Science calls it positive psychology; the Bible calls it gratitude or thanksgiving. It is mentioned over 70 times in the Bible. The Greek word for thanksgiving, "eucharisteō", is an act as well as a feeling. We can give or express thanks, gratitude, and appreciation. But it is also as feeling or a state of being. The word of God tells us to give thanks in all things, indicative of gratitude being a lifestyle--not a temporary or fleeting emotion. Gratitude is a gift or tool that God has equipped each of us with to lead prosperous and fulfilled lives.
New scientific research suggests that cultivating a continual attitude of gratitude improves health and well-being, as well as relationships. When we are grateful we tend to be happier and more optimistic. We live life with more enthusiasm and zeal. The inner joy and soul satisfaction exuded by a grateful person can neutralize a toxic, pessimistic atmosphere thereby changing attitudes and environments. Do you remember the movie or book, "Pollyanna". In this sweet tale, young Pollyanna changed the emotional climate of her home, and ultimately her town by her grateful heart. No matter what she encountered or faced, she had an unique way of finding a way to be grateful. Before long she had every adult she encountered playing the "Just Be Glad" game.
The Benefits of Gratitude:
* Protects the body from stress and negativity
* Improves sleep quality
* Improves psychological health
* Improves self-esteem
* Boost immunity
"Gratitude is a way for people to appreciate what they have instead of always reaching for something new in the hopes it will make them happier, or thinking they can’t feel satisfied until every physical and material need is met. Gratitude helps people refocus on what they have instead of what they lack. And, although it may feel contrived at first, this mental state grows stronger with use and practice."
1. Give verbal as well as written thanks. Convey your sincere appreciation toward someone who has demonstrated kindness.
2. Journal your gratitude
3. Pray, give God thanks, and meditate on your blessings.
Additional sources: Forbes, Huffington Post, WebMD
Consider the following blog post from June 2015:
We can learn a lot about gratitude from the story of the 10 lepers, found in Luke 17. When these ten men, who were banned from the city due to their disease, saw Jesus they cried out to Him for mercy. Jesus told them to go show themselves to the priests, and as they went they were cleansed. Yet, only one of the ten returned to Jesus to thank Him. His act of faith and gratitude, not only cleansed him of leprosy; but he was made whole. It is the Greek word "so-zo" meaning "safe and sound", "free from harm", "healed".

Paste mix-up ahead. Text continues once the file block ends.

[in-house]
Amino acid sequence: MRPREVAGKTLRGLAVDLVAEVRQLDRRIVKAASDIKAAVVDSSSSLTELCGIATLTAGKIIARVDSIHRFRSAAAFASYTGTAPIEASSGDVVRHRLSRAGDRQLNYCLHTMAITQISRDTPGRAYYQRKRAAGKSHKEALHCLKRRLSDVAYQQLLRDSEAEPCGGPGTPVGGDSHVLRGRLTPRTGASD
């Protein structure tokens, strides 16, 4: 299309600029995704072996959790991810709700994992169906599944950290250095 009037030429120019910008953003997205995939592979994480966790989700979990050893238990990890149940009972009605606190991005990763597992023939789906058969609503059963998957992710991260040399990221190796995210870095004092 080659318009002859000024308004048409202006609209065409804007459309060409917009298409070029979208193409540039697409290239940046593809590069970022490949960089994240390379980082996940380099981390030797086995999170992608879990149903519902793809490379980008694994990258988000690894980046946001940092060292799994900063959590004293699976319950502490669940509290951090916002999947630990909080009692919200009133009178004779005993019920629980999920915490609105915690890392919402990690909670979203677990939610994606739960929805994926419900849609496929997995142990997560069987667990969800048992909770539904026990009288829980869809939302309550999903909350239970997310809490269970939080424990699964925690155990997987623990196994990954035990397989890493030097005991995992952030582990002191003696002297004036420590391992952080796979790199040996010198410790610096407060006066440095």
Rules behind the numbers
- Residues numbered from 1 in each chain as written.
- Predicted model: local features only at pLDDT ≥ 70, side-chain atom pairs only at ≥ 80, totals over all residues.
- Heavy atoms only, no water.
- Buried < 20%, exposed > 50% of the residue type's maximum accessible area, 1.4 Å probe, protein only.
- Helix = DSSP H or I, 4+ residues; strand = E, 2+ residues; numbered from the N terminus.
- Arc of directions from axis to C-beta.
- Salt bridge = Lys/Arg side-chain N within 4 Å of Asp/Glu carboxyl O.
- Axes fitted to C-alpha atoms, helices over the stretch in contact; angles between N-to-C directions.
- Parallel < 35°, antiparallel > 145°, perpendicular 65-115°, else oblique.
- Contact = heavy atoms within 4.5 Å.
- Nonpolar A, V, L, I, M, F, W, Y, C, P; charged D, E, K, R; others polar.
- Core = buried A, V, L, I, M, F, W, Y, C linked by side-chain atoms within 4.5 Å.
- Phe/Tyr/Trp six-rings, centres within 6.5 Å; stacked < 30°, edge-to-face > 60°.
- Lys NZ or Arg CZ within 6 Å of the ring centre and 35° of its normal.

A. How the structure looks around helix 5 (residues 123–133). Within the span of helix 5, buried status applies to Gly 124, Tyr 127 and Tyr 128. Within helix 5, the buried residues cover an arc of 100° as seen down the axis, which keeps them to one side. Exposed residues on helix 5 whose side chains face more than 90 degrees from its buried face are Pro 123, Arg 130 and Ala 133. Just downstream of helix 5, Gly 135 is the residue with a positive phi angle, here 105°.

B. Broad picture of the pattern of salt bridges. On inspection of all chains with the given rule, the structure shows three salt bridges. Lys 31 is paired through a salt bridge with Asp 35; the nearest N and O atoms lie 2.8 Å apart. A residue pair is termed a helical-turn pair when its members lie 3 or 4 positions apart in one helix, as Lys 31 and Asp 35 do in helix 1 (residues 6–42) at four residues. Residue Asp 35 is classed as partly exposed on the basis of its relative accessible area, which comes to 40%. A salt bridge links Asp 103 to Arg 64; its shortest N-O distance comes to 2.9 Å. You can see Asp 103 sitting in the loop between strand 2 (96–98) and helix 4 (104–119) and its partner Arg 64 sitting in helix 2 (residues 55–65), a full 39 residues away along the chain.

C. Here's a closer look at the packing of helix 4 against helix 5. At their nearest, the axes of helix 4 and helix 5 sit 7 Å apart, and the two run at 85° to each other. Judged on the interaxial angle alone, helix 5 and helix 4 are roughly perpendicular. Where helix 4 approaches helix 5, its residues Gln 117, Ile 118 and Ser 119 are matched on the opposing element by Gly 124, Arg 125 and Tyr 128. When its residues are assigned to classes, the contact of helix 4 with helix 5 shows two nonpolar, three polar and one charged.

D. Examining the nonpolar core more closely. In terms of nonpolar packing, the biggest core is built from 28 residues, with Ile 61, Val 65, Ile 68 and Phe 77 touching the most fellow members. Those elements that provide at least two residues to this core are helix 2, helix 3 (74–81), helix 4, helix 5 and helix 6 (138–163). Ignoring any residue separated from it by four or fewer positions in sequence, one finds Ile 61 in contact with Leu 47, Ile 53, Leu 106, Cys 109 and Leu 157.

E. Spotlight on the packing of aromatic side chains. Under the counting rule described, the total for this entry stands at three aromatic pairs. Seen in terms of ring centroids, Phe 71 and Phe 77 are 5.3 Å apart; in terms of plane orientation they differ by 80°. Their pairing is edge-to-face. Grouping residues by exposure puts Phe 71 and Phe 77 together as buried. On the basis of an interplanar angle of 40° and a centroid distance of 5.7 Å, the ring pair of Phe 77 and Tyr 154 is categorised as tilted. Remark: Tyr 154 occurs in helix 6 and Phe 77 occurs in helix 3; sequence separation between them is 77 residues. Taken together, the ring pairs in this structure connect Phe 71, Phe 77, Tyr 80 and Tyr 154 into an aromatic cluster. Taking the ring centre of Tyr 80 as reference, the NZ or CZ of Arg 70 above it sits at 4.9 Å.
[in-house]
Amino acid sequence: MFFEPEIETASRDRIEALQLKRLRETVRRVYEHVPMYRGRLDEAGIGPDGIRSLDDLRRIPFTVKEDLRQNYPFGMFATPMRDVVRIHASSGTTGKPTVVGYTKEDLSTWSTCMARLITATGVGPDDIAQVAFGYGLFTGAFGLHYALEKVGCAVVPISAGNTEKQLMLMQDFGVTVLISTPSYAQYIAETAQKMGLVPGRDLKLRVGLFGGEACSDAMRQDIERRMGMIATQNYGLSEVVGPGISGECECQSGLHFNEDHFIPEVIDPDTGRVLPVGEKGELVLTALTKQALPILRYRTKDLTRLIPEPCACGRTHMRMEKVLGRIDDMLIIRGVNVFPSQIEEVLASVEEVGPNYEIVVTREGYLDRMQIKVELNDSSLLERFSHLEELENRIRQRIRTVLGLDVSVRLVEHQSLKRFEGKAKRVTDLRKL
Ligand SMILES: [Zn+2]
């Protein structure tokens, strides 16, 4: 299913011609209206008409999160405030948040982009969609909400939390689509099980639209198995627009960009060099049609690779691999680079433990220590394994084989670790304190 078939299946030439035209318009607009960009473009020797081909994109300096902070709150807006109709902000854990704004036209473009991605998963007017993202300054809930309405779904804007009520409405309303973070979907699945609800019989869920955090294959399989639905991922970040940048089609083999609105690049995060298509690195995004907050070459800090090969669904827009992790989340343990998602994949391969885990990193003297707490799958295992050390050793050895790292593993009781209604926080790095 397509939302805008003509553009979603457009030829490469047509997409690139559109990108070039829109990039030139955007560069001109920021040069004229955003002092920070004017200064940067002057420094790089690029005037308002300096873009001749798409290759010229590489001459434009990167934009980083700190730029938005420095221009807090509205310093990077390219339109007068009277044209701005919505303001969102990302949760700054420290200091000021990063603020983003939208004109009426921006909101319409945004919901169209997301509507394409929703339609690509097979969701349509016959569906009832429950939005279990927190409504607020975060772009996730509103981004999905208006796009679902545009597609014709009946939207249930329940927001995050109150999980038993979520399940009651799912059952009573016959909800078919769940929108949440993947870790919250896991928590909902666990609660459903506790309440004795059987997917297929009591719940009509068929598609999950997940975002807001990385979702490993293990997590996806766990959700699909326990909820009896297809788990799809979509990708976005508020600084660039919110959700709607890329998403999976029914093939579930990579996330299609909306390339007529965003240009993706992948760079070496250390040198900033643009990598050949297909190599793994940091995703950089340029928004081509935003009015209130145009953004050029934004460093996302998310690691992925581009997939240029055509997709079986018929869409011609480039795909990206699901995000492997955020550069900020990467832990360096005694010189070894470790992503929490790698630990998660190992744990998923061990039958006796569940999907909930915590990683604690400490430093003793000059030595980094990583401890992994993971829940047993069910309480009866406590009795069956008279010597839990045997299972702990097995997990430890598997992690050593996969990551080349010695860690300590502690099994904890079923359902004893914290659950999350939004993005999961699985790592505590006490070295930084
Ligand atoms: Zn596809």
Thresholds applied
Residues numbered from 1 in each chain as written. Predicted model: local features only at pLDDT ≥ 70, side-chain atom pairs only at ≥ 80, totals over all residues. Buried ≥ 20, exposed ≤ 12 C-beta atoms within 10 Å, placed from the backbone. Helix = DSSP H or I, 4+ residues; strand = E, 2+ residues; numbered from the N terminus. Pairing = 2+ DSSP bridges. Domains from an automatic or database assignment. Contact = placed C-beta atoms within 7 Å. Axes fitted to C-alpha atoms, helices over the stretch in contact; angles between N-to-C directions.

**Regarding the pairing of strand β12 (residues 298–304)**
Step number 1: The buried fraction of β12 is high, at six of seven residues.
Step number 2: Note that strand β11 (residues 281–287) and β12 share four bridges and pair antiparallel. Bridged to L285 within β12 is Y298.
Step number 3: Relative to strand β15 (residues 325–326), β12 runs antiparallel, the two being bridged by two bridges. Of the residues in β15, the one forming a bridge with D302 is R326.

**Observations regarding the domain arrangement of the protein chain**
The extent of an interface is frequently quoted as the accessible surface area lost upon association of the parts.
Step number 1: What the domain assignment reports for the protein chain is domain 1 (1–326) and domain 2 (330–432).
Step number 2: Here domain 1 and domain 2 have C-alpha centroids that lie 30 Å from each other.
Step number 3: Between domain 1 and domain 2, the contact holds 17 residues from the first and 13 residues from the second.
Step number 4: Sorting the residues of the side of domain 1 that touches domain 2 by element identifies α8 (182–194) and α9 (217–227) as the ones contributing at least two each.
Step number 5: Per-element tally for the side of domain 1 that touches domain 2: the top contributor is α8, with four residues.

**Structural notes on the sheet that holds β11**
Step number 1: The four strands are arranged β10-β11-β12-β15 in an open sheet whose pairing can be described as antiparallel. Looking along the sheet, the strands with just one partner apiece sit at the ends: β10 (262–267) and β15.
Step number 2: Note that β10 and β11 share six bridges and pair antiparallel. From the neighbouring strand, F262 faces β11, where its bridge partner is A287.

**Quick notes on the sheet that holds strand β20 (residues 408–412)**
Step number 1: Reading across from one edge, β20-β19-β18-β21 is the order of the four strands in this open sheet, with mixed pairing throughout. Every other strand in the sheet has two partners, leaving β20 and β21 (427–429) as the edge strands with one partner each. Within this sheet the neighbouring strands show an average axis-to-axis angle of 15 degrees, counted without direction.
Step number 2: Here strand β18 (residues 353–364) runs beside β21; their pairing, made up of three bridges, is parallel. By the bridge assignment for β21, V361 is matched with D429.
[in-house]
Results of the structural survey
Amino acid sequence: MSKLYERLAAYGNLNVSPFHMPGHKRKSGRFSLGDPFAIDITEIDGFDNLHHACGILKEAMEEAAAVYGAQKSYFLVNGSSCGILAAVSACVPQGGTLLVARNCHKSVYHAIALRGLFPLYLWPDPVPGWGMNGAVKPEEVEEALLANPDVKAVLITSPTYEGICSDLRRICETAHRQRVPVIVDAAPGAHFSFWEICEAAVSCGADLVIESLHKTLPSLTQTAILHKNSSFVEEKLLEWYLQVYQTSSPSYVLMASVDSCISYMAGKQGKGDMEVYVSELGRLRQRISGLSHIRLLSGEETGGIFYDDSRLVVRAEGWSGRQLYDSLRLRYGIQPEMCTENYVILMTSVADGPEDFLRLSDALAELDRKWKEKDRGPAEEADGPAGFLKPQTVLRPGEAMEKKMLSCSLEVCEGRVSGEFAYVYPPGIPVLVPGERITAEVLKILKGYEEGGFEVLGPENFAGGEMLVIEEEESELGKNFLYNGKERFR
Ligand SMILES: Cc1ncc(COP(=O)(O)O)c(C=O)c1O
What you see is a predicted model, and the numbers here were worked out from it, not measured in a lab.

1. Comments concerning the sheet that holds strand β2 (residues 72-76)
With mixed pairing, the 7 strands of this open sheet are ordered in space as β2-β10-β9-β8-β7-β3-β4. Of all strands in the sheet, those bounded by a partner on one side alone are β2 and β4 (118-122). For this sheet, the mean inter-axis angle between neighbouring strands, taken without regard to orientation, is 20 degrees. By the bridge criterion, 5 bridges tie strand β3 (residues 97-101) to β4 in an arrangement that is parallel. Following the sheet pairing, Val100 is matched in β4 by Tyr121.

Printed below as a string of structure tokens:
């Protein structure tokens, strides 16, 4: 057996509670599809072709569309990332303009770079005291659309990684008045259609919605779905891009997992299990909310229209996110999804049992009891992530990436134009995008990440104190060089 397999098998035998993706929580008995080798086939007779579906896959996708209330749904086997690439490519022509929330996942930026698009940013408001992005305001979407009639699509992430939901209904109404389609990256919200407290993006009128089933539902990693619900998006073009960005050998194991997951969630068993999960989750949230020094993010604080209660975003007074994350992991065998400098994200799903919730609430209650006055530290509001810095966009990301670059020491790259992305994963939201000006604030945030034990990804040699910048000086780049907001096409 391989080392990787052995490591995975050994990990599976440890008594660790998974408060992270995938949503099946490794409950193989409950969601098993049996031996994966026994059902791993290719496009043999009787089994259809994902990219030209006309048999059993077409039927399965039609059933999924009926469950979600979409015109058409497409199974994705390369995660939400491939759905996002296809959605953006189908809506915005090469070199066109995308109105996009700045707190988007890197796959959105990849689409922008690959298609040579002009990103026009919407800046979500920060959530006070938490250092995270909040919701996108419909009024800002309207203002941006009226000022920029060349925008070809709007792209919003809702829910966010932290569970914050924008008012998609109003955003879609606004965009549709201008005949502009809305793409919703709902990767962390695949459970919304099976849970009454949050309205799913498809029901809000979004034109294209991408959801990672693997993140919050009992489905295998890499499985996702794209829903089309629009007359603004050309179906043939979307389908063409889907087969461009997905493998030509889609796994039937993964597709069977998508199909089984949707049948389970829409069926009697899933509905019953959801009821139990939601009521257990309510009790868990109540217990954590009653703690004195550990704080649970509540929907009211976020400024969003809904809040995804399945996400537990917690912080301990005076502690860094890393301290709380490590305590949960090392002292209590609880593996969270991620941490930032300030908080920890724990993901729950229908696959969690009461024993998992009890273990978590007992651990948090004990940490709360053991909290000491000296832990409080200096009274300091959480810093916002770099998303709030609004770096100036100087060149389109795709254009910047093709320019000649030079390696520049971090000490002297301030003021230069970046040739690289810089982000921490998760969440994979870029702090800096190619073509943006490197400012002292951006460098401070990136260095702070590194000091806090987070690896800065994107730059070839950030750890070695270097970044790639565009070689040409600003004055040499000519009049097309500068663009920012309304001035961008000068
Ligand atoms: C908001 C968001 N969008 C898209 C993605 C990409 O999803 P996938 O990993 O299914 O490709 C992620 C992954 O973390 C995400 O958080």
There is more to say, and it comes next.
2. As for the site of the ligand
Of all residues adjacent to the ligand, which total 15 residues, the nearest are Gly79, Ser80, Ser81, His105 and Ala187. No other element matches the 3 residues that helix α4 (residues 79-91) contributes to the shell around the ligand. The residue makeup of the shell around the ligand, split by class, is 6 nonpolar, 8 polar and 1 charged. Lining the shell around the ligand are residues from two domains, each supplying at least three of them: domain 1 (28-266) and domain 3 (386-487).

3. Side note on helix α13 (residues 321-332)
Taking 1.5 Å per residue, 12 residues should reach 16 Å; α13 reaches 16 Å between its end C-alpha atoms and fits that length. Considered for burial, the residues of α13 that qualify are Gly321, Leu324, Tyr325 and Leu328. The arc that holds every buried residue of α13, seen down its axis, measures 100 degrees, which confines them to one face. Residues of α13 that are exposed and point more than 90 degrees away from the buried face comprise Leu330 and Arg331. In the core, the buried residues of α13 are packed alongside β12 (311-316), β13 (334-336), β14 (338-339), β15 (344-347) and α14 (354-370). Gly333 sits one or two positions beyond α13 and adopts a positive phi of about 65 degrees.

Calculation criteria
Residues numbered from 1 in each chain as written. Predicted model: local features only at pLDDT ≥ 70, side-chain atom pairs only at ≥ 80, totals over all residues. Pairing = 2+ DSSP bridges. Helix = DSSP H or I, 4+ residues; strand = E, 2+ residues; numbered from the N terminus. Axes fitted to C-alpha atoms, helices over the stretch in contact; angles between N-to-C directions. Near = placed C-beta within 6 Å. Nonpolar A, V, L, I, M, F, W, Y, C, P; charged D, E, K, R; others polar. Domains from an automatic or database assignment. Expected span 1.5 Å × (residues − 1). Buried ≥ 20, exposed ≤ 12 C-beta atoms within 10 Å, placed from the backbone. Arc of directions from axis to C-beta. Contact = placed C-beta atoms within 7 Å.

How often do we cry out to God for help or mercy and not say "thank you"? Life is hectic and busy. We are constantly harried, juggling schedules and activities--and a heart of gratitude may not often be in the mix. However, it should be our top priority. The word of God tells us to give thanks about everything (I Thessalonians 5:18). A heart of gratitude brings wholeness and healing. When we move from feeling sense of entitlement to deep appreciation and thankfulness for who God is and all He has done in our lives, we receive freedom, liberty, and unspeakable blessings--just as the one leper did in Luke 17. We know all ten were cleansed, but only one was made whole.
There are countless things to thank God for; and the more we thank Him the less we complain, the less negative thoughts we have, and the more positive we become. For example, thank God that just as you were approaching the long check-out lines, they opened another registered and you were able to bypass the long lines and whiz through check-out. Thank God that your co-worker thought of you and brought you a cup of coffee, that you were running too late to stop and pick up.
Make the spiritual discipline of gratitude a daily, hourly, moment by moment practice in your life. Taking the time to thank God for even the most mundane things will change your outlook and perspective on life. You will begin to feel freer, more joyful, and more invigorated. You will begin to smile more and feel lighter because your heart is grateful.